The proposal also included three professional development "buy back days" that give teachers extra days of training and an offer to reduce class size by dedicating $210 million to address the issue.

Kevin Reed, the district's chief legal counsel, faulted the union with a breakdown in talks that have been going on since last summer.

"They are actively creating expectations out there that are not in touch with reality," Reed said. "We have put a six percent compensation out there that puts us squarely in the middle of what other districts are doing in the county." The union's counteroffer was an 8 percent salary increase.

A 15-page list of proposals by the union included substantially lowering class sizes and getting a "fair and equitable salary increase for our teachers," Duffy said.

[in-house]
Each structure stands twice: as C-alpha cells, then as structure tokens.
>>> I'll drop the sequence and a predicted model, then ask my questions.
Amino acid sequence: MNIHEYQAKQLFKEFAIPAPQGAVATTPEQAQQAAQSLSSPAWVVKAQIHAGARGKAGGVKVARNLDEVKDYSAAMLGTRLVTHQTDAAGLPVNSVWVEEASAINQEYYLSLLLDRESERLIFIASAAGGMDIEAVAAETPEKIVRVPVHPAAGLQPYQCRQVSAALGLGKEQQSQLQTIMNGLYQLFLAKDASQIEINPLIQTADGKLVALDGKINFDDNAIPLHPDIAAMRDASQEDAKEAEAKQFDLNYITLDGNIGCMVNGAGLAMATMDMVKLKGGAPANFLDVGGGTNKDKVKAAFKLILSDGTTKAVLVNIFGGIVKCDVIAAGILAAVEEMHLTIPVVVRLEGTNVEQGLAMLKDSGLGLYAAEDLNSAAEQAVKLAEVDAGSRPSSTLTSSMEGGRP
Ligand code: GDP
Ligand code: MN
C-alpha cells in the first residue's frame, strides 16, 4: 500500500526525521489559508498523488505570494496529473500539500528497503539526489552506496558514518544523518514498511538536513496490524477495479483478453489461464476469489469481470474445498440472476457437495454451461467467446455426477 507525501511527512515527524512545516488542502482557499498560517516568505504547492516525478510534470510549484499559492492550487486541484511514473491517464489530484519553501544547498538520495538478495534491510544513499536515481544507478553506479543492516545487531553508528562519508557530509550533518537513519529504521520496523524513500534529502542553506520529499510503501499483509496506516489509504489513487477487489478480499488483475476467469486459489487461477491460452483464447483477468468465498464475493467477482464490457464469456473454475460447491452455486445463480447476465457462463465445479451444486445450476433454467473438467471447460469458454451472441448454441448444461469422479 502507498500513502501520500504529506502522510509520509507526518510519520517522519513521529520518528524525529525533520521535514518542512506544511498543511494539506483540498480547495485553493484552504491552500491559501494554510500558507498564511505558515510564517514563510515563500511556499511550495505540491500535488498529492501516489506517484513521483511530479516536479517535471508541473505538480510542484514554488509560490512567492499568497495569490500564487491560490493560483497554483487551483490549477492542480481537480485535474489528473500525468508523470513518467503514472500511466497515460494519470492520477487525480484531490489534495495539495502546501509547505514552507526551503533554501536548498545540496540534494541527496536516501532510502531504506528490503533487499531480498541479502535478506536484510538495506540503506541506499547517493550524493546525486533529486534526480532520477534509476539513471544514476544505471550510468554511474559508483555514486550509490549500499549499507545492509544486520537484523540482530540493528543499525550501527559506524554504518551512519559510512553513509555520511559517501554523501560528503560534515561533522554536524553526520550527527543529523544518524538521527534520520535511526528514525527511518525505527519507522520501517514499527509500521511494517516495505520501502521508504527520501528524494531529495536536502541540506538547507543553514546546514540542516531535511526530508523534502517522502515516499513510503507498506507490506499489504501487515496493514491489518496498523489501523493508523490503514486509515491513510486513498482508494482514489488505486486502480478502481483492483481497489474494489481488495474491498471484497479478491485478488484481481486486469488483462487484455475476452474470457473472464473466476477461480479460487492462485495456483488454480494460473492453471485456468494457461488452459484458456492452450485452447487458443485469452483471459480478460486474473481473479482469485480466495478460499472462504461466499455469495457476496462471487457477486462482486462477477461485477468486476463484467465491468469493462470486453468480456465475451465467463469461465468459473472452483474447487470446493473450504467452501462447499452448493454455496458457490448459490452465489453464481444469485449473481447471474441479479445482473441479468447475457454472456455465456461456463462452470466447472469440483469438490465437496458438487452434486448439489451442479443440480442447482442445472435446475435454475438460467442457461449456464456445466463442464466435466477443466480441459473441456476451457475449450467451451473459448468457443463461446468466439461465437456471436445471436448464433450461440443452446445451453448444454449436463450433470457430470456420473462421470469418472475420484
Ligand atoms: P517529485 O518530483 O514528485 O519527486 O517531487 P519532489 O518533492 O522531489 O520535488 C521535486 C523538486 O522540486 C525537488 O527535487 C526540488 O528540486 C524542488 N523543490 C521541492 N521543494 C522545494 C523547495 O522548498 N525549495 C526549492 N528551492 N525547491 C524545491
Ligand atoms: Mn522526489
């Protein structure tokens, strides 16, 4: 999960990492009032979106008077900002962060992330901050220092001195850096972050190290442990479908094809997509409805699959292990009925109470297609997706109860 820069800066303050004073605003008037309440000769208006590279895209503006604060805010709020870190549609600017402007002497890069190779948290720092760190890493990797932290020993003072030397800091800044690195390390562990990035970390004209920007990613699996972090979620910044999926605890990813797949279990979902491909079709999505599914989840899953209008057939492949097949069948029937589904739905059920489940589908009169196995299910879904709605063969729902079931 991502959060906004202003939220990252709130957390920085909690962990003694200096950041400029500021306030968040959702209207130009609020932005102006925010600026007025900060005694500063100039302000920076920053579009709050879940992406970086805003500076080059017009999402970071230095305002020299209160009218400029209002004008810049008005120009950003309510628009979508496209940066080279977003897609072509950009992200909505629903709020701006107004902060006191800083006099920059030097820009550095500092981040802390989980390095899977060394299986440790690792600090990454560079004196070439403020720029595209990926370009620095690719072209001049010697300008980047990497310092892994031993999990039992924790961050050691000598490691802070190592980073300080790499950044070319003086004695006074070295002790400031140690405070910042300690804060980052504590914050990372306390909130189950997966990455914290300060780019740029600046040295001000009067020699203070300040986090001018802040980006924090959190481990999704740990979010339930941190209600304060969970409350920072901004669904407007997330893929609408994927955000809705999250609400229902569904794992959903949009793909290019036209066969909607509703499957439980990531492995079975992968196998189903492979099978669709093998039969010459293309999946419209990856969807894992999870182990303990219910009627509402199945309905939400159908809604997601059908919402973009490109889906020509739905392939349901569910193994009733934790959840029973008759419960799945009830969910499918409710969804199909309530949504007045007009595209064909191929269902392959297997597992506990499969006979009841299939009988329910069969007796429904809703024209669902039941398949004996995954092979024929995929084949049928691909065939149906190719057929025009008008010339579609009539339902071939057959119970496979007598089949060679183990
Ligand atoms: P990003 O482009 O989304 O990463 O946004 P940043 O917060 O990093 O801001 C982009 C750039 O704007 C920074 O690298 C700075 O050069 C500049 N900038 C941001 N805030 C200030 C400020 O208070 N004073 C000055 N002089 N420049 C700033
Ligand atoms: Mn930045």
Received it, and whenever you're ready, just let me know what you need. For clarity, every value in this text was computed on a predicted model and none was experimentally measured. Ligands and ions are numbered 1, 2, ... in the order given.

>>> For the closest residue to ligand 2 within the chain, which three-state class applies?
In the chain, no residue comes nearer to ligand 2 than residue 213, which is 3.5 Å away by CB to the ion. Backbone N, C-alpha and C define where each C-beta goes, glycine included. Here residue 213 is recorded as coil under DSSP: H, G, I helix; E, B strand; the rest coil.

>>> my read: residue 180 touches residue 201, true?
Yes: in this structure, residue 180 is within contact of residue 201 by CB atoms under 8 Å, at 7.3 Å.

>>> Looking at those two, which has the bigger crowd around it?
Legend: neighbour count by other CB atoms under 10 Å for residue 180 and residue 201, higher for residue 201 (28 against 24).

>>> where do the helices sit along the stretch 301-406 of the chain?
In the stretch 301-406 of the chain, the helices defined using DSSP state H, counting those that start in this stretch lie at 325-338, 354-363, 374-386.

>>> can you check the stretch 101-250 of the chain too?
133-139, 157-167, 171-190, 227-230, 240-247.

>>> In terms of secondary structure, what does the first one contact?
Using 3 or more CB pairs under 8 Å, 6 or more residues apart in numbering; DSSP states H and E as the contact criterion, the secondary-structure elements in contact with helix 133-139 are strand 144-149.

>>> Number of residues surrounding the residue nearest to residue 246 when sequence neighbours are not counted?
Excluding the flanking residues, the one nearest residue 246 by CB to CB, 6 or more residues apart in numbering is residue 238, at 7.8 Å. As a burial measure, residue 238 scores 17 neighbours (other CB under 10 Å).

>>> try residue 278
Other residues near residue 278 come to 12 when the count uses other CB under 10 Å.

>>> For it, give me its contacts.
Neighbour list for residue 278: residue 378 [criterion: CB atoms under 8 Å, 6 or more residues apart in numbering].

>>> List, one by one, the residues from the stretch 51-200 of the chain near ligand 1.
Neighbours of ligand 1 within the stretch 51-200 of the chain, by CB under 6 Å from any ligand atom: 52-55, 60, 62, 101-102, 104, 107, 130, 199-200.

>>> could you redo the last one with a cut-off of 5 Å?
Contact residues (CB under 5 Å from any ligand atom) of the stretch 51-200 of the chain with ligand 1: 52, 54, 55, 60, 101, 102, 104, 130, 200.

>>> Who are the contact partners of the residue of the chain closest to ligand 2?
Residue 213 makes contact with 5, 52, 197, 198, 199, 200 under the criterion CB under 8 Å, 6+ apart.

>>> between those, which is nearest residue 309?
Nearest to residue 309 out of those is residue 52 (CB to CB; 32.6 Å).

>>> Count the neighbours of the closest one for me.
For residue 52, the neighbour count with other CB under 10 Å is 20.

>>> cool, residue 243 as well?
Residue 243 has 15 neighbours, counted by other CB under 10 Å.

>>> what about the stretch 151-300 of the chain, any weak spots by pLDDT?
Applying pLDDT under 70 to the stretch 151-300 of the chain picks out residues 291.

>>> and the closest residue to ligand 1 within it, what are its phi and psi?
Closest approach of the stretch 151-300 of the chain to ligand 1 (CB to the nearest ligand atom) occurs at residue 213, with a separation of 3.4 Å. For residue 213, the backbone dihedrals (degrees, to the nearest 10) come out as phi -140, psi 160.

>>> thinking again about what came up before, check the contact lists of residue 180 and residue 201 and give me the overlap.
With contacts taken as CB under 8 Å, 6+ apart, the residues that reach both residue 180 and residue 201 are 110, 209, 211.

"There is a lack of seriousness to come up with a pay raise that will encourage teachers to stay in the profession and for others to come in," Duffy said.

On the agenda for a union meeting Tuesday was whether to declare an impasse. The next step would be mediation between the two sides with a state-appointed mediator, then fact-finding.

Earlier in the day, teachers picketed in front of their schools before the start of classes and passed out flyers to parents. It was the last day in the latest round of boycotts organized by the union which represents about 47,000 members.

The strike authorization vote was scheduled for Feb. 12-14. A walkout would take place in the spring, Duffy said.

The last walkout in the district took place in 1989 and lasted for nine days.

►OVERCROWDED CLASSROOMS: "There’s too much noise, no space, there’s not enough time for the teachers too help us all. It'a like a jungle inside the classes."

Radio Commentary by Evelyn Martinez | Youth Radio KCRW